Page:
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GLIN==> Two Upcoming Seminar Notices



 
Wednesday,  May 02, 2001

GLERL-CILER Joint Seminar Series
TITLE: "A SPATIAL TRANSECT MODEL FOR ESTIMATING ECOLOGICAL RISKS IN THE PATUXENT RIVER"

SPEAKER: Dr. Steve Bartell, The Cadmus Group, Inc., Oak Ridge, TN
TIME: 10:30 a.m.
WHERE: GLERL Main Conference Room

CONTACT: Dr. David Reid, NOAA/GLERL, 734-741-2019

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Thursday, May 24, 2001
 NOTE DATE
 & TIME CHANGE
 
GLERL-CILER Joint Seminar Series
TITLE: "RELATIVE IMPACTS OF CLIMATE, AGRICULTURE AND URBANIZATION ON WATER QUALITY AND SOCIETY IN CENTRAL NORTH AMERICA"
 
SPEAKER: Dr. Peter R. Leavitt, Department of Biology, University of Regina, Saskatchewan, Canada
TIME: 2:30 p.m.
WHERE: GLERL Main Conference Room
ABSTRACT: Changes in climate, land-use practices and human population distribution are among the most severe stressors of aquatic ecosystems, yet little is known of their relative importance in regulating water quality. In this talk, I will present new analyses from central North America which illustrate two contrasting scenarios; one in which human impacts overwhelm the influence of climate change, and one in which climate change may overwhelm  human society.

 In the first case, analysis of fossils from lake sediments (pigments, stable isotopes, diatoms, invertebrates) show that while regional lakes are naturally productive, sewage from cities degrades water quality, leading to a 500% increase in primary production since 1900. Comparison among lakes along a  landscape gradient demonstrates that while point-source sewage degraded water quality in some lakes, natural aquatic ecosystems have substantial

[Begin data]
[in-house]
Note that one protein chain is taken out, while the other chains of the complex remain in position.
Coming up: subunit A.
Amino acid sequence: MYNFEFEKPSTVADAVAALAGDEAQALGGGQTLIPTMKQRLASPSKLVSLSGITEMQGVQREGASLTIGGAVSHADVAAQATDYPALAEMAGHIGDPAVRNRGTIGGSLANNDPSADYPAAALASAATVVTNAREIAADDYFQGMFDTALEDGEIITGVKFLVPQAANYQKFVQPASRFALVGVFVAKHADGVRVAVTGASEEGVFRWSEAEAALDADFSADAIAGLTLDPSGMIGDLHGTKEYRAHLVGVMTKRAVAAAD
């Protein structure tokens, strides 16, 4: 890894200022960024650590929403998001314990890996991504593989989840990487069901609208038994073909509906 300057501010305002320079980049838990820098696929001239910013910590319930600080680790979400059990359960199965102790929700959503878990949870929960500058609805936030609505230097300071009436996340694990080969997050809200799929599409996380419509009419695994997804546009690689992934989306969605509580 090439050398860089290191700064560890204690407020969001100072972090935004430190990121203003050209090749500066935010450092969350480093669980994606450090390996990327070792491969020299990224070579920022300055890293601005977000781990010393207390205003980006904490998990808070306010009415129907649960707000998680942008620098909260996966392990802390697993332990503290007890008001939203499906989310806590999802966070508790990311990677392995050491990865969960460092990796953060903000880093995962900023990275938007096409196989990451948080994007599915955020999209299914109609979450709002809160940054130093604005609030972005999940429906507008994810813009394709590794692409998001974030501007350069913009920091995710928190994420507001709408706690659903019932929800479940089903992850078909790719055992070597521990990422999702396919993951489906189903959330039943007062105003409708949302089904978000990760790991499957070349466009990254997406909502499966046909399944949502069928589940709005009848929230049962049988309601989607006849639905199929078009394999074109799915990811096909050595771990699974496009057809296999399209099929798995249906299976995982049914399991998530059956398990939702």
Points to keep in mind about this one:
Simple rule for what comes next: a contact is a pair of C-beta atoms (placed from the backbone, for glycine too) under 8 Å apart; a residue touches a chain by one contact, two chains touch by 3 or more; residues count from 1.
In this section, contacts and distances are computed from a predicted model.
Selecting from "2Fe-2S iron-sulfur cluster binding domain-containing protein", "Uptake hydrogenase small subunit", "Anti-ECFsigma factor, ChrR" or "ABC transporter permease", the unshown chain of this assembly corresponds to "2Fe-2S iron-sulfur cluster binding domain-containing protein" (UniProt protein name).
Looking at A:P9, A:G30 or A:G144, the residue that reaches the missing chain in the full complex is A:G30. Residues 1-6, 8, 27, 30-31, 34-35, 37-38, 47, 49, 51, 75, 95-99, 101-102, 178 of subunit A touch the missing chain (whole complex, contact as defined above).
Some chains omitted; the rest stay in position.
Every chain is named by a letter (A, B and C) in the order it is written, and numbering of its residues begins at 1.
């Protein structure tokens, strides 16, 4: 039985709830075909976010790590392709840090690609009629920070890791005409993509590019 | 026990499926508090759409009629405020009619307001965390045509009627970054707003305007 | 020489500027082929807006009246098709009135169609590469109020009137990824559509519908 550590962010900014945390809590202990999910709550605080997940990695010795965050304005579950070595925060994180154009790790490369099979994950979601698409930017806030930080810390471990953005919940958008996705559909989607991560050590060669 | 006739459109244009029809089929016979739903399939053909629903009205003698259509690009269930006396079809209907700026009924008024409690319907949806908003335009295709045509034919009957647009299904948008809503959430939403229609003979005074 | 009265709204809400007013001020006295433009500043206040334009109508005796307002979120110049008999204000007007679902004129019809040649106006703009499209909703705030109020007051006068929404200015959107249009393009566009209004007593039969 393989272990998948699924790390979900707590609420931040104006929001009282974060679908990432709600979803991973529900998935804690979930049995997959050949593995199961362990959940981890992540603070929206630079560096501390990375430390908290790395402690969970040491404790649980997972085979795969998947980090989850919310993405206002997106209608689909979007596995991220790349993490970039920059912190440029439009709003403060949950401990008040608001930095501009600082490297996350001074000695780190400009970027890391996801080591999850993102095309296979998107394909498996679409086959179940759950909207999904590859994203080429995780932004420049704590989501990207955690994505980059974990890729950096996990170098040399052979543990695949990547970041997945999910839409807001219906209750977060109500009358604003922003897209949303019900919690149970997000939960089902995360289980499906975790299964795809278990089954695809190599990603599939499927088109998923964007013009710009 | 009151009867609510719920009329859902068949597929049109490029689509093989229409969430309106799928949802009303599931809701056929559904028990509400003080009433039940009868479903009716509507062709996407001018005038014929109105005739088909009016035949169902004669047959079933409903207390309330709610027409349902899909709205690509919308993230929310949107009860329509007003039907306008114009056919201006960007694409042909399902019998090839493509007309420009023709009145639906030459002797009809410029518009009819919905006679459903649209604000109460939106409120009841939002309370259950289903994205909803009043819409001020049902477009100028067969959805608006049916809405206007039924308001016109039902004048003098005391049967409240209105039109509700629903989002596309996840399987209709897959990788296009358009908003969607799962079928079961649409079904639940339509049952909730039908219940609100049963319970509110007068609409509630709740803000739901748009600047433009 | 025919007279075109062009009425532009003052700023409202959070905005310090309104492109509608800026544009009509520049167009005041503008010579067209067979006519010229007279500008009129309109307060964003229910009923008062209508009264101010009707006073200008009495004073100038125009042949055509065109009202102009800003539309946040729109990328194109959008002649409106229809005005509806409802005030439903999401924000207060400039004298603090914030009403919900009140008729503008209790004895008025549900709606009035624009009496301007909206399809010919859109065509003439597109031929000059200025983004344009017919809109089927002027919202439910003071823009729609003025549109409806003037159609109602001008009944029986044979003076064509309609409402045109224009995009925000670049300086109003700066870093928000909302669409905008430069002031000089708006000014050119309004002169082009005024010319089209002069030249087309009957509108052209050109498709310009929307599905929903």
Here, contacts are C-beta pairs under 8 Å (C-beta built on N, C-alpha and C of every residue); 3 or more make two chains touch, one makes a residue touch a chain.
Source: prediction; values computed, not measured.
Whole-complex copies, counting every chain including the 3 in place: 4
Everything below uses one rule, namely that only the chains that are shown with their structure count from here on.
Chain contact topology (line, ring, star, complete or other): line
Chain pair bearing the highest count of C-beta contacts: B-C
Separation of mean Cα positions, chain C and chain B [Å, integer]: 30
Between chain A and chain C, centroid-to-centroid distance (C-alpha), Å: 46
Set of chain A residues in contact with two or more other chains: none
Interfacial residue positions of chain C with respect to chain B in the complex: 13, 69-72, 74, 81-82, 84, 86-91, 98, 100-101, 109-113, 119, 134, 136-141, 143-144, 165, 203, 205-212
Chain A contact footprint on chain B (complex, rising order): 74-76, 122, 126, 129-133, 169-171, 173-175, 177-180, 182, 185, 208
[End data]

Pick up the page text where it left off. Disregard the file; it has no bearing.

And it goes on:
capacity to completely remove excess nitrogen arising from human activities. In contrast, impacts of agricultural practices are limited to headwater (upstream) lakes, whereas climate is consistently unimportant relative to human activities.

In the second example, I use paleoclimate records from the past 2000 years to quantify the risks of future droughts. Analyses demonstrate that economically- and socially-severe droughts are a natural component of the North American environment, and that the climate of the 20th century has  been unusually benign. Our forecasts predict that a drought equivalent to those of the 1930s, when 25% of human population was forced to relocate, have over a 50% probability of recurring within the next 30 years. Further, we find these droughts are among the mildest on record, suggesting that future, natural climatic variability may be sufficient to disrupt human society or economy in this region. Further information on this project is available at      http://www.uregina.ca/drought

CONTACT: Dr. David Reid, NOAA/GLERL, 734-741-2019
 
 

**********
Renda S. Williams
Executive Secretary to the Director
Phone: 734-741-2245
Fax: 734-741-2003
E-Mail: williams@glerl.noaa.gov